I’ve written several times in recent months about a growing movement by parents, teachers, principals, superintendents, students and others to protest the use of standardized tests for high-stakes purposes.
Here’s a list of 10 things that people can do to counter the damaging effects of high-stakes standardized testing. It was written by Ruth Silverberg, an associate professor in the Education Department of the College of Staten Island CUNY.
The list of 10:
1. Don’t brag if you or your children got high scores on any high stakes tests, including the SAT or ACT. This can help dispel the faulty idea that standardized tests are a valid measure of learning.
2. Ask for evidence that learning is occurring in your neighborhood school such as student work products, presentations, community service. Don’t use the “School Report Card” to assess learning in the school.
3. If you have a student in your home or extended family, reinforce the student’s collaboration with peers on schoolwork, and share this with his/her teacher. This will help dispel the idea that competition fosters learning better than collaboration. .
4. If you are a teacher, share with families and community your collaboration with colleagues that led to your great teaching.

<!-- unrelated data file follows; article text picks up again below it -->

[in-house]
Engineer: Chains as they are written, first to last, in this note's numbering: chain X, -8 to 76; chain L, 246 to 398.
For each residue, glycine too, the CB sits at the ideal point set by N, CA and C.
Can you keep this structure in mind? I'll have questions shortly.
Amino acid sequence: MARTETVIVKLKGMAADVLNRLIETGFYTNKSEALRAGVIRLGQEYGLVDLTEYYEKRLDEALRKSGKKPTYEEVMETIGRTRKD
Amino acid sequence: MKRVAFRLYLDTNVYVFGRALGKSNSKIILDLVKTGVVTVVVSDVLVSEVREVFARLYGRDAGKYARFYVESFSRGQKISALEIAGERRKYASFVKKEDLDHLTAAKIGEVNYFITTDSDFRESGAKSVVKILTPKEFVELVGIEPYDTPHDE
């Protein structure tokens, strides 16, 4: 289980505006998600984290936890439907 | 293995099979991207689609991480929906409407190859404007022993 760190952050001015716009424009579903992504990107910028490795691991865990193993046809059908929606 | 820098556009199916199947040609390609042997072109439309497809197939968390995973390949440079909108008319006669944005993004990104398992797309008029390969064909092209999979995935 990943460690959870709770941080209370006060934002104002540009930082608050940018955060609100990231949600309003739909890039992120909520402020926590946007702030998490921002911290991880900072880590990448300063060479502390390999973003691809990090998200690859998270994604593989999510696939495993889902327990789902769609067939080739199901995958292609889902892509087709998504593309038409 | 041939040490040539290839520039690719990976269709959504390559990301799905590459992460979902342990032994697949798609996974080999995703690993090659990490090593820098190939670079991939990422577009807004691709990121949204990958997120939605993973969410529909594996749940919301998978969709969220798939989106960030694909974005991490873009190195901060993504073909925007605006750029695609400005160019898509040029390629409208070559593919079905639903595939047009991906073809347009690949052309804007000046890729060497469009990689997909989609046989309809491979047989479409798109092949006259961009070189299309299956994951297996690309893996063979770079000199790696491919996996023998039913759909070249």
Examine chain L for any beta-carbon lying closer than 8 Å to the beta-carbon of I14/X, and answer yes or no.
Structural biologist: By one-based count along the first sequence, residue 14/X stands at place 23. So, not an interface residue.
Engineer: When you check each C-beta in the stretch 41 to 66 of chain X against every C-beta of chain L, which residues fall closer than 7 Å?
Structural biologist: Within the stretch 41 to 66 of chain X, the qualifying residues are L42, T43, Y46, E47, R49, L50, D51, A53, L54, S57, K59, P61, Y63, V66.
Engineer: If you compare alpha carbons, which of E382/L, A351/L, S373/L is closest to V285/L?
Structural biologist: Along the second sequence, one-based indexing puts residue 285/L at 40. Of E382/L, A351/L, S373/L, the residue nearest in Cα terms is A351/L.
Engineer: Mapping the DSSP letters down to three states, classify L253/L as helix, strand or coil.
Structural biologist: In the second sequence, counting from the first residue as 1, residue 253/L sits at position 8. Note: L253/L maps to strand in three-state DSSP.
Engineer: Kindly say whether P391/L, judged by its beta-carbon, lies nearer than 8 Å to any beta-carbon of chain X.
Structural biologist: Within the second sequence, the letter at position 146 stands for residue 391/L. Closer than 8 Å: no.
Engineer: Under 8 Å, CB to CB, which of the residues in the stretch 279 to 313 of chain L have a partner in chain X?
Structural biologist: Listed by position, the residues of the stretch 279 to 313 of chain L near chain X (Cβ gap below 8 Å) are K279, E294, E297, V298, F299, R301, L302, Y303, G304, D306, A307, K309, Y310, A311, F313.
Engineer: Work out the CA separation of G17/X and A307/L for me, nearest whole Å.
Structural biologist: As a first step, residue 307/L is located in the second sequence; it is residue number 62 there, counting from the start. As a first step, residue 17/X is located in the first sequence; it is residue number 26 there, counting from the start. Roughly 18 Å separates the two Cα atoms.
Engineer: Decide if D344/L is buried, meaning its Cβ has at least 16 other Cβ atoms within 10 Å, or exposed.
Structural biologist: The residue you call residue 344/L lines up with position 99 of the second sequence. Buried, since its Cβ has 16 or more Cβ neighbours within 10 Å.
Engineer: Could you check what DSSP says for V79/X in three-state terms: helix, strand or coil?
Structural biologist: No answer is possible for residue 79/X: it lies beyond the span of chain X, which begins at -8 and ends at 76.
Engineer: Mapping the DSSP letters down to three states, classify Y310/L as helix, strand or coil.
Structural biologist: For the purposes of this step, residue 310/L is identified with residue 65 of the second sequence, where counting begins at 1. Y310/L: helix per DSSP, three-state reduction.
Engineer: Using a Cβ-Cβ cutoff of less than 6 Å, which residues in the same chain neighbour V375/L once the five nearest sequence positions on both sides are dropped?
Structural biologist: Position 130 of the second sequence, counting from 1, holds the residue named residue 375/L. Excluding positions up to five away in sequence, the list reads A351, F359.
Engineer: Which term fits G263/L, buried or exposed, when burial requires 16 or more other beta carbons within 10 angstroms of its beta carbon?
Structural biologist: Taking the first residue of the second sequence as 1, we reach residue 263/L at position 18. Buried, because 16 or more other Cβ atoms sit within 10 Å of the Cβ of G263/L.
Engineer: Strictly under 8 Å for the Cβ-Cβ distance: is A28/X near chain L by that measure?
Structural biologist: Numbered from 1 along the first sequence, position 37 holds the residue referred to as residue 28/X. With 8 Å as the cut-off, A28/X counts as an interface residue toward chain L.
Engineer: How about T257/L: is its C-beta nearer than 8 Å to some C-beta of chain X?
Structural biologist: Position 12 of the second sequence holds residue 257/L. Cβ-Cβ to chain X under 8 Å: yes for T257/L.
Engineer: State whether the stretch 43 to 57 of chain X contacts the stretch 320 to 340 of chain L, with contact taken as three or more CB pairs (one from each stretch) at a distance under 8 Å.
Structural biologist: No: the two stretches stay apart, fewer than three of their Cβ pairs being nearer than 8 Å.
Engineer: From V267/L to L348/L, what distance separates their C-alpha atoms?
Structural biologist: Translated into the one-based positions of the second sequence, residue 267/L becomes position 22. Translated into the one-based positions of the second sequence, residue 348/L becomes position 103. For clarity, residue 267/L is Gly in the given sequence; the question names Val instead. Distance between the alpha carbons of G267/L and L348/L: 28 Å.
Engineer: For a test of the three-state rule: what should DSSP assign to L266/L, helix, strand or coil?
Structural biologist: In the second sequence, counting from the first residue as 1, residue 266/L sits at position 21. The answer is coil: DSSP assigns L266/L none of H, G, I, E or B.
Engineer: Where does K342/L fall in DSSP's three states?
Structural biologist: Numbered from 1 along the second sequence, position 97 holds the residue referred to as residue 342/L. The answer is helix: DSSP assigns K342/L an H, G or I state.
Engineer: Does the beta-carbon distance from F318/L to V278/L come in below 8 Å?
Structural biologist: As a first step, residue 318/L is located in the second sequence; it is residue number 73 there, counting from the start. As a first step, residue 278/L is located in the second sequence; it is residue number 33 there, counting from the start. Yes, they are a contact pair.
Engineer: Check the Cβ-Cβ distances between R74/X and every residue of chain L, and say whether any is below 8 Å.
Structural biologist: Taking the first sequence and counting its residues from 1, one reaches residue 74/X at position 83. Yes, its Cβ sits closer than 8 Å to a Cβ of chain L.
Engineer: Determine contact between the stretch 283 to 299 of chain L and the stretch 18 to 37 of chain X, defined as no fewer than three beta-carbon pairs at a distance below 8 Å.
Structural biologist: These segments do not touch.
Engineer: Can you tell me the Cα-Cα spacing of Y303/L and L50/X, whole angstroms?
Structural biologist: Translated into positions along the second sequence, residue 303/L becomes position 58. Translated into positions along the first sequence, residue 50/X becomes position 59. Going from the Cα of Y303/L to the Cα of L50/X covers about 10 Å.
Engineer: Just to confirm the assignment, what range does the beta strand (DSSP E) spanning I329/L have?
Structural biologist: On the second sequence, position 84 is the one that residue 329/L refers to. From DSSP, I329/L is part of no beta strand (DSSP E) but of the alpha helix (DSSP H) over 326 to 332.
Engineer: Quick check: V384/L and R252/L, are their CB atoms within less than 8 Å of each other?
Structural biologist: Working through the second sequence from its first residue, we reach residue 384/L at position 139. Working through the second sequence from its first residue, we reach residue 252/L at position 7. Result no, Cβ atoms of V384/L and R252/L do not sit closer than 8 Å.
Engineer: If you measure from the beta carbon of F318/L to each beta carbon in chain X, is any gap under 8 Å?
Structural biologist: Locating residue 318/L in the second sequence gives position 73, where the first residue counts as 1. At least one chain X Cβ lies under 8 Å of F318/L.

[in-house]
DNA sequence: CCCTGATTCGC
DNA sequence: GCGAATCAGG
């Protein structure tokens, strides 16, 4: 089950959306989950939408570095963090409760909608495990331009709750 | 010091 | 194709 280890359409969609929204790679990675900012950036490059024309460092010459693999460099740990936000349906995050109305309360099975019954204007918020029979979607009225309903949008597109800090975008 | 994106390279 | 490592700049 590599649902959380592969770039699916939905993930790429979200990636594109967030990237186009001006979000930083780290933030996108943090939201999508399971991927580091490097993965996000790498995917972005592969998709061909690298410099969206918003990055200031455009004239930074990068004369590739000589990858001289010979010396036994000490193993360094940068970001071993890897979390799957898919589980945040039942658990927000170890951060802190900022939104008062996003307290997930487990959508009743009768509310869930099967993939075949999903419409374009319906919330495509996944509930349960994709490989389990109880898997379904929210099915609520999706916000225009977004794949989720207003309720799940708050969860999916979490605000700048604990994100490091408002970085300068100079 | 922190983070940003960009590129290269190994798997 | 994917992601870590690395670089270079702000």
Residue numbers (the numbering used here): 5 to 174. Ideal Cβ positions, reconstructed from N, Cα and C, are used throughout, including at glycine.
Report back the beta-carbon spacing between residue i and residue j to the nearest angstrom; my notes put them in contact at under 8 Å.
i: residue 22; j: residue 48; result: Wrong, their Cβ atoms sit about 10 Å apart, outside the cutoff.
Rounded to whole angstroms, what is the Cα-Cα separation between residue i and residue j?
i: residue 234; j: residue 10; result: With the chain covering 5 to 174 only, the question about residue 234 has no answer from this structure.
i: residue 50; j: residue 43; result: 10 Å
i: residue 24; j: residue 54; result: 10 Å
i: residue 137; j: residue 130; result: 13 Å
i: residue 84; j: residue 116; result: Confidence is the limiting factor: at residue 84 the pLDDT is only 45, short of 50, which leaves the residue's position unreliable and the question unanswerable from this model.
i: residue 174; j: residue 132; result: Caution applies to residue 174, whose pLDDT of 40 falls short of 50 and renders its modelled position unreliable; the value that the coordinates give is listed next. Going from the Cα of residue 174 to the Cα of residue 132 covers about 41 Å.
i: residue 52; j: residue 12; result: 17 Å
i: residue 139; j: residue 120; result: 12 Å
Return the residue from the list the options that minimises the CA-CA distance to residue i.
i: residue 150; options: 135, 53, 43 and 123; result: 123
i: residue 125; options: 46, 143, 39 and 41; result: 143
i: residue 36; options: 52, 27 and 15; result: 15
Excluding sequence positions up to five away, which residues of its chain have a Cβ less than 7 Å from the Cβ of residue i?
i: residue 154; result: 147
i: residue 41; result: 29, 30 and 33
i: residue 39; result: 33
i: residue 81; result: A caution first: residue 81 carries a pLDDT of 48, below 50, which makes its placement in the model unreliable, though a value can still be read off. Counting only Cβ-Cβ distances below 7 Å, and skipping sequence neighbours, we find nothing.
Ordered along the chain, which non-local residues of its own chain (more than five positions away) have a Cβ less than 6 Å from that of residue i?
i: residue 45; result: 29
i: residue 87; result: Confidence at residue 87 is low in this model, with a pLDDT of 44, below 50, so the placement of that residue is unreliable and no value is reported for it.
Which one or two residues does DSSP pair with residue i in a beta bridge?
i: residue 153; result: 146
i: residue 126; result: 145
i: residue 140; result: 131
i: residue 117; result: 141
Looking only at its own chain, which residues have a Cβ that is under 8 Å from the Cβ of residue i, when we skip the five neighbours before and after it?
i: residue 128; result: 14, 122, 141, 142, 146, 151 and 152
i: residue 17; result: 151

5. If you are a parent or a teacher, take note of all of the people and forces affecting the student’s life, including other teachers, social workers, doctors, etc. This will help dispel the idea that a child’s success depends on one teacher.
6. If you have a student in your home or extended family, provide and access every support available to help him/her be successful in REAL ways, not test performance.
7. If you know a student, support him or her with a friendly smile, an offer of help, a job for her or her family.
8. Contact and support an organization that opposes high-stakes testing, including FairTest, United Opt Out, Change the Stakes, and Grassroots Education Movement. This will help dispel the idea that you are alone in your opposition to high stakes testing.
9. If you are a parent or guardian of a student, ask your school administration about the possible consequences for “opting out” of the standardized tests. This will help dispel the idea that you don’t have the right to make decisions about your student.
10. Just say ‘no.’ Write/call your legislators, New York State Education Department, U.S. Department of Education.
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